• Lightweight truck frame in second place

    Second place went to Edag Engineering GmbH from Sindelfingen, who uses the “Batterange” concept study to show what the chassis of tomorrow will look like: the lightweight truck frame is designed as a modular system and can be variably adapted to different drive concepts. “Batterange is a concept we believe in. We are particularly proud that we are honored for this in-house development, which we started without a customer order,”says Jochen Seifert, who is responsible for the commercial vehicle chassis development at Edag with his team.

    The commercial vehicle of tomorrow

    The lightweight truck frame of the Batterange from Edag has a modular structure and can be variably scaled to different drive concepts. The developers primarily had an eye on the possible payload and so weight gain should be largely compensated for by additional energy storage. In addition, the pre-assembly of individual elements can save costs.


    At a glance:

  • Modular and scalable "modular system" for chassis of heavy commercial vehicles
  • it may different powertrains are installed
  • Reduce costs with pre-assembled modules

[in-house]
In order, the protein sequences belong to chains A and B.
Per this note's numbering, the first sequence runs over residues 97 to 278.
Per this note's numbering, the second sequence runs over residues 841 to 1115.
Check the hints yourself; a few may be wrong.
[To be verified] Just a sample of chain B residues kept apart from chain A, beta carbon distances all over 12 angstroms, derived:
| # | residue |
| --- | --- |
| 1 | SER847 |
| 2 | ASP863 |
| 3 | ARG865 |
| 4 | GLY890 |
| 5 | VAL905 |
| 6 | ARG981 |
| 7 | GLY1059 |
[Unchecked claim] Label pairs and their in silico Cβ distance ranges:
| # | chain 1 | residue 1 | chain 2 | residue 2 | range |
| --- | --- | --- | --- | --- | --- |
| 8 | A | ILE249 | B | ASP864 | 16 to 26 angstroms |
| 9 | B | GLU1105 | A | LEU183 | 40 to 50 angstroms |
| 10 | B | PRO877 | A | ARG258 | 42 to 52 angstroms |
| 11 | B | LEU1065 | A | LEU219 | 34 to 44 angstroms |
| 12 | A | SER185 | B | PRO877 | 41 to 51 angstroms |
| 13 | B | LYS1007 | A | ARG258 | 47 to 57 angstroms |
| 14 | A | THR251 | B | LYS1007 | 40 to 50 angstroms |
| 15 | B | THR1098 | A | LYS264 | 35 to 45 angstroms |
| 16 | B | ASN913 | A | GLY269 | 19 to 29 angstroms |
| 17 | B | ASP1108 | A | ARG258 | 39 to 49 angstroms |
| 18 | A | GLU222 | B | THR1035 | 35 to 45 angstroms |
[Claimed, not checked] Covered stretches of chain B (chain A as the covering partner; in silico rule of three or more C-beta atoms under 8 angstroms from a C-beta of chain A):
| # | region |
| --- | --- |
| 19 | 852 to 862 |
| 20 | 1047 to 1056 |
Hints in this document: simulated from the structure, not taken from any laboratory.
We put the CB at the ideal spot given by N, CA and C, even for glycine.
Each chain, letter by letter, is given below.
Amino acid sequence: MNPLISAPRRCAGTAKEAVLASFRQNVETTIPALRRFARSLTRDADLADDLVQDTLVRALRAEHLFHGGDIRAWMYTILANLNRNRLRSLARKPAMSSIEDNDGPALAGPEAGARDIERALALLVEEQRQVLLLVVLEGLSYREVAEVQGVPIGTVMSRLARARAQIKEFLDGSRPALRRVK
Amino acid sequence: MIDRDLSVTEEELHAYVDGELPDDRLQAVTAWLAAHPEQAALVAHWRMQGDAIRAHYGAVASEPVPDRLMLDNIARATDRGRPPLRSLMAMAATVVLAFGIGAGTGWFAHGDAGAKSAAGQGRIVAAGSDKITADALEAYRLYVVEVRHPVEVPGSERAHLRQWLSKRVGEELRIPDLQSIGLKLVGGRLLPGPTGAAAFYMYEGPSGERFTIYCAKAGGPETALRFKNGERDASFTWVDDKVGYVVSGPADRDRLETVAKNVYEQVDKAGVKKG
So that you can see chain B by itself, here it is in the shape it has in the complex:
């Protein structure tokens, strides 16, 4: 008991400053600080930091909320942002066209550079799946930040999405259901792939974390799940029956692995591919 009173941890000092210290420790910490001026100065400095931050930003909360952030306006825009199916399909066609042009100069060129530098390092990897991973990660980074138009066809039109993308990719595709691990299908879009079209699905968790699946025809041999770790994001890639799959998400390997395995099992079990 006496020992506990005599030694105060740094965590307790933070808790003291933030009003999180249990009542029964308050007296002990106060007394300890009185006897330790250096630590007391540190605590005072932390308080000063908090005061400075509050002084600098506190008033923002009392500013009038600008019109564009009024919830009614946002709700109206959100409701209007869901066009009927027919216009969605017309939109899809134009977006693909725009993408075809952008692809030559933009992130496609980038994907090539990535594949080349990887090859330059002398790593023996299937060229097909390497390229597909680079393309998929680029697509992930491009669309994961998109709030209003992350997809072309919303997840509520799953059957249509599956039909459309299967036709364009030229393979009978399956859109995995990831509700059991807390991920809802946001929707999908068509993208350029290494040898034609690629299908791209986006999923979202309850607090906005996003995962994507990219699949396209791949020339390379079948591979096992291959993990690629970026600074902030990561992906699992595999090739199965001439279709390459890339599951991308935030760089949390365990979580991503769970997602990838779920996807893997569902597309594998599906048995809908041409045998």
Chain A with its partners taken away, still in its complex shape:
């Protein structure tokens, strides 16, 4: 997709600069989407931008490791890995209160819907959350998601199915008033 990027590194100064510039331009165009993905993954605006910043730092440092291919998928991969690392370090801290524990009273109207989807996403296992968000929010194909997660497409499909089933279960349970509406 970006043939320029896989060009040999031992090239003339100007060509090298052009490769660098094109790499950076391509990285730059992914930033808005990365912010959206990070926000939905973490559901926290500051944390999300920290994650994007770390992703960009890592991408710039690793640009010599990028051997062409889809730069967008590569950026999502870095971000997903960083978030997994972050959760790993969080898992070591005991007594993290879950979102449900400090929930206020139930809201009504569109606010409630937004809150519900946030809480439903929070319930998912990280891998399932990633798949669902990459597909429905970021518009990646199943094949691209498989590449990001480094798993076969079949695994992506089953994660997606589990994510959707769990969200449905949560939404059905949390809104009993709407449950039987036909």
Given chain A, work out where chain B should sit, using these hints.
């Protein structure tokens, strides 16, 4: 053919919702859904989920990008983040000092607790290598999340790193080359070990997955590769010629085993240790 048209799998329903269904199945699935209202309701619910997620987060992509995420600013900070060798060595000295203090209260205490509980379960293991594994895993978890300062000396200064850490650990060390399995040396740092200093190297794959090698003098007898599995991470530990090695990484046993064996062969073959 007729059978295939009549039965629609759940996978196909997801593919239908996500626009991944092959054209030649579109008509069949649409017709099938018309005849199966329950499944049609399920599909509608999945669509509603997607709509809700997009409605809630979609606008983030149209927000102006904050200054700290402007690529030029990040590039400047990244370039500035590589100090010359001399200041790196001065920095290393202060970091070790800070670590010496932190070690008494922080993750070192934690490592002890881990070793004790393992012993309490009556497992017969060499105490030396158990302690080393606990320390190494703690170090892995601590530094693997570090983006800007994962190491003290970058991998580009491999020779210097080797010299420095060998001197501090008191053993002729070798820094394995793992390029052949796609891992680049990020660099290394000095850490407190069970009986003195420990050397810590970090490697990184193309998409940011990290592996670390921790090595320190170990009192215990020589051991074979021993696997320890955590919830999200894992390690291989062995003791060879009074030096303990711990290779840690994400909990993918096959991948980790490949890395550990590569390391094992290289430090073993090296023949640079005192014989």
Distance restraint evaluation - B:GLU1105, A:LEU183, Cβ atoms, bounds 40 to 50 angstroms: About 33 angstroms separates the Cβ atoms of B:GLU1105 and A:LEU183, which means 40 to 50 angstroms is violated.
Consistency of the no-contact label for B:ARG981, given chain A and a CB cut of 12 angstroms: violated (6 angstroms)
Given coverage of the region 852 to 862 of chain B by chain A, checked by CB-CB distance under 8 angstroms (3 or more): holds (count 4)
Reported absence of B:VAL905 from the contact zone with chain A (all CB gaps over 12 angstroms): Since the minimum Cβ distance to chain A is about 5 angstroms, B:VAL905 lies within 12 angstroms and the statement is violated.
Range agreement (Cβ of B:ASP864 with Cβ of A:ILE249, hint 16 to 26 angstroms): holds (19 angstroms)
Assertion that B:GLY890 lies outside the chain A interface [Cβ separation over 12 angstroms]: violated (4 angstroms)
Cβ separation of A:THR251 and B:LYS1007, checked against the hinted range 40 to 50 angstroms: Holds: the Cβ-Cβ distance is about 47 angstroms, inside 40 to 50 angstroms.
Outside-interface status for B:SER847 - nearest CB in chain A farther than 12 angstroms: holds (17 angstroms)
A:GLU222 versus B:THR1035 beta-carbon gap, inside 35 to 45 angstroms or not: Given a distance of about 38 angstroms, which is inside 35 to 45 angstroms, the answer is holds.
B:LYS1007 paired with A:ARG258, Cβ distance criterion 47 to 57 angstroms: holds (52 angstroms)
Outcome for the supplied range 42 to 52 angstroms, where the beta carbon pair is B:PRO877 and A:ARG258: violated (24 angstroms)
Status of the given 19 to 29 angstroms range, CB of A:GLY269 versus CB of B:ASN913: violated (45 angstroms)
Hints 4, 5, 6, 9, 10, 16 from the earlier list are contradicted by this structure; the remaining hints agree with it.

• More payload or greater range thanks to the light support structure
  • Vans: less weight, more payload

    Teamobility GmbH from Böblingen took third place with the Uccon. Compared to a normal small van with the same length, this has almost a third more cargo space and payload. “Conversely, this means that we could do without around a third of small vans, such as parcel delivery vehicles, in our cities if, as in the case of the Uccon, they can simply load more thanks to lightweight construction. The city would become car-free and more livable because we can give areas such as parking lots and streets back to people,”says Seeliger.

    The Uccon does it differently

    The drive sits compactly in the underbody of the vehicle between the axles. The stem is around a third shorter than that of conventional vans. The driver's seat is positioned much further forward. The Uccon has about 30 to 50% more usable space. The basic shape of the chassis is reminiscent of a boat hull and offers the best bending and torsional stiffness and good crash behavior with the least possible use of material.

    The fourth award was the Community Award, in which the winner was determined by online voting. The materials testing institute (MPA) at the University of Stuttgart was delighted to receive the award for their further development in so-called friction stir welding. This allows aluminum and steel sheets to be welded to one another with high strength. The resulting components can be used in car body construction, for example, and reduce the weight by around 10%. "Even if only a few people accepted the award on stage this evening, it is the award for great team work in the joining technology and additive manufacturing department, which is researching new and future-proof lightweight construction solutions," said Martin Werz from MPA.